Until recently in Nigeria, on completion of your 6 years of medical training, one year housemanship and one year youth service, you could begin to work as a medical doctor anywhere in the country and continue to work for the rest of your life without having to do a single hour of further training. The decision to develope one’s expertise further was left completely at the discretion of the doctor. While some colleagues pursue further training, many go into the world of private practice, sometimes very early in their careers. In most cases there is no incentive or compulsion for further training. Medical knowledge and practice is continuously changing. If the medical profession is to meet its responsibility to provide effective patient care, then all doctors must continuously update their knowledge and skills throughout their working years.
The Medical and Dental Council of Nigeria (MDCN) regulates medical practice in Nigeria (the present website is horrendous, but we have it in good stead that a new one is on the way). For years, the need to update knowledge and skills on a continuous basis has received inadequate attention. MDCN has on various occasions in the past tried to address this deficit in our medical education. It is trying again to do this through the Council’s recent directive for mandatory Continuous Professional Development (CPD) for all doctors in practice in Nigeria. As from January 2011, Continuous Professional Development/ Continuous Medical Education (CPD/CME) has become mandatory in Nigeria. From January 2012, every doctor in practice in Nigeria will be required to show evidence of at least 20 CPD credit units collected in the preceding year before renewal of their annual practicing licenses.
MDCN itself has had a chequered history recently. It was dissolved in 1994 and not reconstituted for another 6 years. It was reconstituted in the year 2000 and again in 2004, but could not appoint a new Registrar because its erstwhile Registrar invoked court injunctions that immobilised it in a legal duel to resist his removal. A new Registrar was appointed in 2006, but within a year the Council removed him. The regulations of the MDCN were revised in 2007 to make renewal of the annual practising licences conditional on showing evidence of having participated in a minimum quantity of measurable training in the form of continuing professional development. Under the leadership of Professor Shima Gyoh, the Council organised a workshop in July 2007 in attempt to inspire the establishment of a network of providers of continuing training for doctors nationwide, facilitating the participation of every doctor especially those in rural areas. Before this could be implemented, our Federal Government in its infinite wisdom again dissolved the Council and it remained dissolved until late 2010. Now we have a new Council ably led by Professor Roger Makanjuola resurrecting the issue of continuous professional development. We hope that the good professor and his team have the determination to see this through and our government gives them the space to implement.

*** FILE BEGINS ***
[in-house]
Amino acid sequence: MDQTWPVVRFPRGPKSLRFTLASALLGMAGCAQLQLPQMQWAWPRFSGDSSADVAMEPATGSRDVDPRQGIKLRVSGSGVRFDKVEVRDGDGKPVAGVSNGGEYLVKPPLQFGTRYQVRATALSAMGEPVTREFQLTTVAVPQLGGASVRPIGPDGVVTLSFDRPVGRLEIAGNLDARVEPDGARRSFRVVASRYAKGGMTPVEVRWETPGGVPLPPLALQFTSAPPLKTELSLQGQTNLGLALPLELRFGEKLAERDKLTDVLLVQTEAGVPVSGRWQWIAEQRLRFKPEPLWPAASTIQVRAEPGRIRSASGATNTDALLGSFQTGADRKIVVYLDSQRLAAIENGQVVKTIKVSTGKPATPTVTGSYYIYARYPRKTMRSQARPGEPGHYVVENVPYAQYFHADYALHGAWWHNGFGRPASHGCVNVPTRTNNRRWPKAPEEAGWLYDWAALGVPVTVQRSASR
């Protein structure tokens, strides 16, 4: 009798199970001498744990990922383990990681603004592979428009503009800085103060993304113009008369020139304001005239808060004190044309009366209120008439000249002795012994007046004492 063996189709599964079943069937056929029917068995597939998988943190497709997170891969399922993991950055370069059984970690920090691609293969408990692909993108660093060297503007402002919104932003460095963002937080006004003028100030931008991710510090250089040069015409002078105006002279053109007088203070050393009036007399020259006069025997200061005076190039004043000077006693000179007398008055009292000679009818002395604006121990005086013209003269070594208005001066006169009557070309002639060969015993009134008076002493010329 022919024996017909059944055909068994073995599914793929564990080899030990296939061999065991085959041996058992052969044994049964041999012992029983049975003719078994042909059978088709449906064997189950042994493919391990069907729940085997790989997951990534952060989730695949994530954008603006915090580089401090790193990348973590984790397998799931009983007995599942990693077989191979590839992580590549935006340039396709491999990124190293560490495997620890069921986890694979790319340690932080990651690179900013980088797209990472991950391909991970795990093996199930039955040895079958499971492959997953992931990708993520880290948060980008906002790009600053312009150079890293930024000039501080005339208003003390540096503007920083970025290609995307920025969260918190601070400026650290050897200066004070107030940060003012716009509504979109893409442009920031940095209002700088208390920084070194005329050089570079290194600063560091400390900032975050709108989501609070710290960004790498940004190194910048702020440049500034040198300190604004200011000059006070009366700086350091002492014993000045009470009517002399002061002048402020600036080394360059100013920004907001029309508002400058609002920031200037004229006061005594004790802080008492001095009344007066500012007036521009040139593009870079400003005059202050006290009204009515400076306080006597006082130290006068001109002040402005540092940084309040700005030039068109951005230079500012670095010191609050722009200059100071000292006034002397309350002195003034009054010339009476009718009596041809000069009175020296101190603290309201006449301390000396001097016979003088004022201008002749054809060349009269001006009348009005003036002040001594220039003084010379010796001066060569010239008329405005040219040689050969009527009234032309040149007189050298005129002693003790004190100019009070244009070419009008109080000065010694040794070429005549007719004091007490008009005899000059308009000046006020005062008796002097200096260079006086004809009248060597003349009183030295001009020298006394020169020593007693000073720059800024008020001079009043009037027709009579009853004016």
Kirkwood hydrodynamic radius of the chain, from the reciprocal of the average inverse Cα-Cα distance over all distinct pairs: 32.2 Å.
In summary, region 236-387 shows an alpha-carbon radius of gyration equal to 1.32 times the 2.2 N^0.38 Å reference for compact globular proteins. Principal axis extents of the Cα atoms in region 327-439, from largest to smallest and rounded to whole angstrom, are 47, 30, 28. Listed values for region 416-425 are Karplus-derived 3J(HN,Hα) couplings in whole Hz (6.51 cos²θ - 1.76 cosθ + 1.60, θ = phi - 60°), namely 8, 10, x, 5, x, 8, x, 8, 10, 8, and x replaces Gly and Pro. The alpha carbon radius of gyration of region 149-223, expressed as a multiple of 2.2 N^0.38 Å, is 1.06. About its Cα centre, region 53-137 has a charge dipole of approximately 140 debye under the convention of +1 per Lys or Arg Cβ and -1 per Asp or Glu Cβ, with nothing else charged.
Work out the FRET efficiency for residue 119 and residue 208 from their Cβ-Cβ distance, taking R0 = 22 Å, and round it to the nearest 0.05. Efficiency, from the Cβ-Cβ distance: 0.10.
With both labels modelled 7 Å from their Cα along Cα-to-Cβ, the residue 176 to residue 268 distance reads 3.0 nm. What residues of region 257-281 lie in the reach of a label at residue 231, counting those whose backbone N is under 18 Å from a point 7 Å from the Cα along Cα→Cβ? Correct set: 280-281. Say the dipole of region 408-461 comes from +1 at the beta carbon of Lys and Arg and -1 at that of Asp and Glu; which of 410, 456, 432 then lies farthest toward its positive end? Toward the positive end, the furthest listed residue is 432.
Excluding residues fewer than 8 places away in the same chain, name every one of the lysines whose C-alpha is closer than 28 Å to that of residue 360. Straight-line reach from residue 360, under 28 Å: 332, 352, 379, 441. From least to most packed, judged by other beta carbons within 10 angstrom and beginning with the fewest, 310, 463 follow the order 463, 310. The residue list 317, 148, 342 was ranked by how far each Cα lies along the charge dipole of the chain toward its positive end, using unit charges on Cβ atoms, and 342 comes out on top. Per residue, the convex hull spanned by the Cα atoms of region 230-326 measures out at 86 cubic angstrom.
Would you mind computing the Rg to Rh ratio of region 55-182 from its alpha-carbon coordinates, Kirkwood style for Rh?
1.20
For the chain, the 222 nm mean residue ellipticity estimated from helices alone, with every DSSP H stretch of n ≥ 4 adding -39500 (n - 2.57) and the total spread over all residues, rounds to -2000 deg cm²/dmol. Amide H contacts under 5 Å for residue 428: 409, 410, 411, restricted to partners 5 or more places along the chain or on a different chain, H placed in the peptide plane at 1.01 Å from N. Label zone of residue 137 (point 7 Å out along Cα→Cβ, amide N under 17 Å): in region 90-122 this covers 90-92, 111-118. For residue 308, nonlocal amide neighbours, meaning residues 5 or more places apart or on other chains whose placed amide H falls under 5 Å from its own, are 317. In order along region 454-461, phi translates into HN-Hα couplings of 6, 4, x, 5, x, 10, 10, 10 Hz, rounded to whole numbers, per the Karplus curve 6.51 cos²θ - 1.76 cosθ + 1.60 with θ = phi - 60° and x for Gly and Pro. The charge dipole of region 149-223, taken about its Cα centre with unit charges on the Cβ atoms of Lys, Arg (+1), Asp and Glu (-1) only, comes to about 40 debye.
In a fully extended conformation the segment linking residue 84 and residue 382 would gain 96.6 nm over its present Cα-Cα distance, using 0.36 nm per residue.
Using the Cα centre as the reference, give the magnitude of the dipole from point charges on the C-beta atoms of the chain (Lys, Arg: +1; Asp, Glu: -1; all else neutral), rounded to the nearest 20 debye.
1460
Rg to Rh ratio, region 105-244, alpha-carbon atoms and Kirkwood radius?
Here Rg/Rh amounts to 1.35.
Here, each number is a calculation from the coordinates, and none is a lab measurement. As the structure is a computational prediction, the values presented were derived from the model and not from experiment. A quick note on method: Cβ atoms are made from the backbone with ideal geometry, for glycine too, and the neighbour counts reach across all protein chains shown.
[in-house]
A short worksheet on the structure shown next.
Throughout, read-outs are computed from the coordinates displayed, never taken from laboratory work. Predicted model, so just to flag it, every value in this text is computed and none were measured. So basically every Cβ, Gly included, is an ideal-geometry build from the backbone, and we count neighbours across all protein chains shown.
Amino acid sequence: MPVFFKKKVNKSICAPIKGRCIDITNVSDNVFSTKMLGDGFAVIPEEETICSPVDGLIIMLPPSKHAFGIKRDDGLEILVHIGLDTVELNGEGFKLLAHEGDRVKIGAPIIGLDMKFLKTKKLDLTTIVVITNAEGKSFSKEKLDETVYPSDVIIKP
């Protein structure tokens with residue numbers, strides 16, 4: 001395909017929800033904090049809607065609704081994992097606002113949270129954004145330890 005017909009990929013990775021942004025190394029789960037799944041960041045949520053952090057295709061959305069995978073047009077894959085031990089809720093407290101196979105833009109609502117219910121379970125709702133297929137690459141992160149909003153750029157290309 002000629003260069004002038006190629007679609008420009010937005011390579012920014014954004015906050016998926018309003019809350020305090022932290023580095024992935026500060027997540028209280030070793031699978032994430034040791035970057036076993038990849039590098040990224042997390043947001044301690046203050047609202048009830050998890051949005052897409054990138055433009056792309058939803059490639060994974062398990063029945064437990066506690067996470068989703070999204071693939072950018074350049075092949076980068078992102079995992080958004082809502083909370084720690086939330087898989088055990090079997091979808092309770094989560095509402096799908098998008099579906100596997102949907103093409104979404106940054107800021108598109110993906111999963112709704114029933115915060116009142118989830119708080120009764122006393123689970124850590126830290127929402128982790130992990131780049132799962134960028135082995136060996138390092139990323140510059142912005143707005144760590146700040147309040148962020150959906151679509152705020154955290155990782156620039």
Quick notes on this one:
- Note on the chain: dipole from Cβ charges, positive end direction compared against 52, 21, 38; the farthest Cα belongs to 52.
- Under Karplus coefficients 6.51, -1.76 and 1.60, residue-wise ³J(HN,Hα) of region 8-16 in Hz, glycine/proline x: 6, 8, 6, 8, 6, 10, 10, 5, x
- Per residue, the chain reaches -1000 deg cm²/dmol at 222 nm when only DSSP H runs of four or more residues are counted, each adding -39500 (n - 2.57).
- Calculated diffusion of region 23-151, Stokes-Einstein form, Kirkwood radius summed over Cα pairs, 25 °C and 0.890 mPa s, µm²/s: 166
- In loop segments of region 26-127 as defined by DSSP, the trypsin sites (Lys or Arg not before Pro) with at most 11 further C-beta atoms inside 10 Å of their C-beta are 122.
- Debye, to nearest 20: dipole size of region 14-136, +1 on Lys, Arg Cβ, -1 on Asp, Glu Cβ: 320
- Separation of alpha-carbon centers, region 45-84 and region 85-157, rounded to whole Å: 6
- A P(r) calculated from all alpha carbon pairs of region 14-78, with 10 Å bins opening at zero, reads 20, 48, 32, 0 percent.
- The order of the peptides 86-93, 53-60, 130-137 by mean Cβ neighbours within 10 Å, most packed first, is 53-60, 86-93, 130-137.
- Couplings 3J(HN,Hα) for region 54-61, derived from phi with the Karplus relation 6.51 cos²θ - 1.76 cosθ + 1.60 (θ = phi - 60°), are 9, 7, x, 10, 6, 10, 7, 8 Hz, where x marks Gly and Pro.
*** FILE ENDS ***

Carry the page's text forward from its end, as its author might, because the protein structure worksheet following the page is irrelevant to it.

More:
However, mandating this is one thing, facilitating the availability of appropriate CPD courses is another. If one opens the later pages of any edition of the British Medical Journal, the primary journal on the health system we have tried to adapt in our country, one finds a plethora of courses in areas ranging from clinical expertise to ethics, from management and leadership to safety. We challenge the Nigerian medical scene to rise to the challenge and develop the courses to meet this need in Nigeria.
The MDCN will then need a simple system to accredit courses for CPD courses and points, which will then need to be assessed every year before approving a doctor’s licence to enable him to continue to practise. We understand that MDCN is indeed developing an e-platform through which all business with doctors and dentists will be conducted and that their website is being upgraded alongside this (a new website is desperately needed!). MDCN says that it has agreed with an initial number of CPD providers, including the two Postgraduate colleges (NPMCN and WACP), Colleges of Medicine and other bodies engaged in medical education to develope CPD content and is also currently developing a system of certification.
This will not improve the competence of our doctors over-night. But it will hopefully consolidate a culture of continuous learning among our doctors and empower our patients to demand to know from doctors when last they went on a training course to improve their skills. The MDCN will then have to embark on a massive public education campaign to enlighten patients to request and insist on it. It will also have to brace its enforcement and legal teams to make the consequences for defaulting doctors serious and detrimental.
Maybe, just maybe we might be able to bring some
We will point to a few resources already available:
The 11th annual edition of the popular BMJ West Africa Writing Workshop will feature its first Open Access seminar. Professor Richard Smith, Director of Chronic Disease Initiative of UnitedHealth, former Editor BMJ until 2004, has agreed to moderate the event in the4-cities in Nigeria in 11-22nd July.
Africa Health was relaunched as a CPD stand alone journal, and provides an open access opportunity for readers to access the content, as well as to develop a forum for other resources. It als manages peer-reviewed Diabetes (AJDM) and Respiratory (AJRM) journals which are also made available on an open access basis.
Never doubt that a small group of thoughtful committed people can change the world; indeed it is the only thing that ever has…Margaret Mead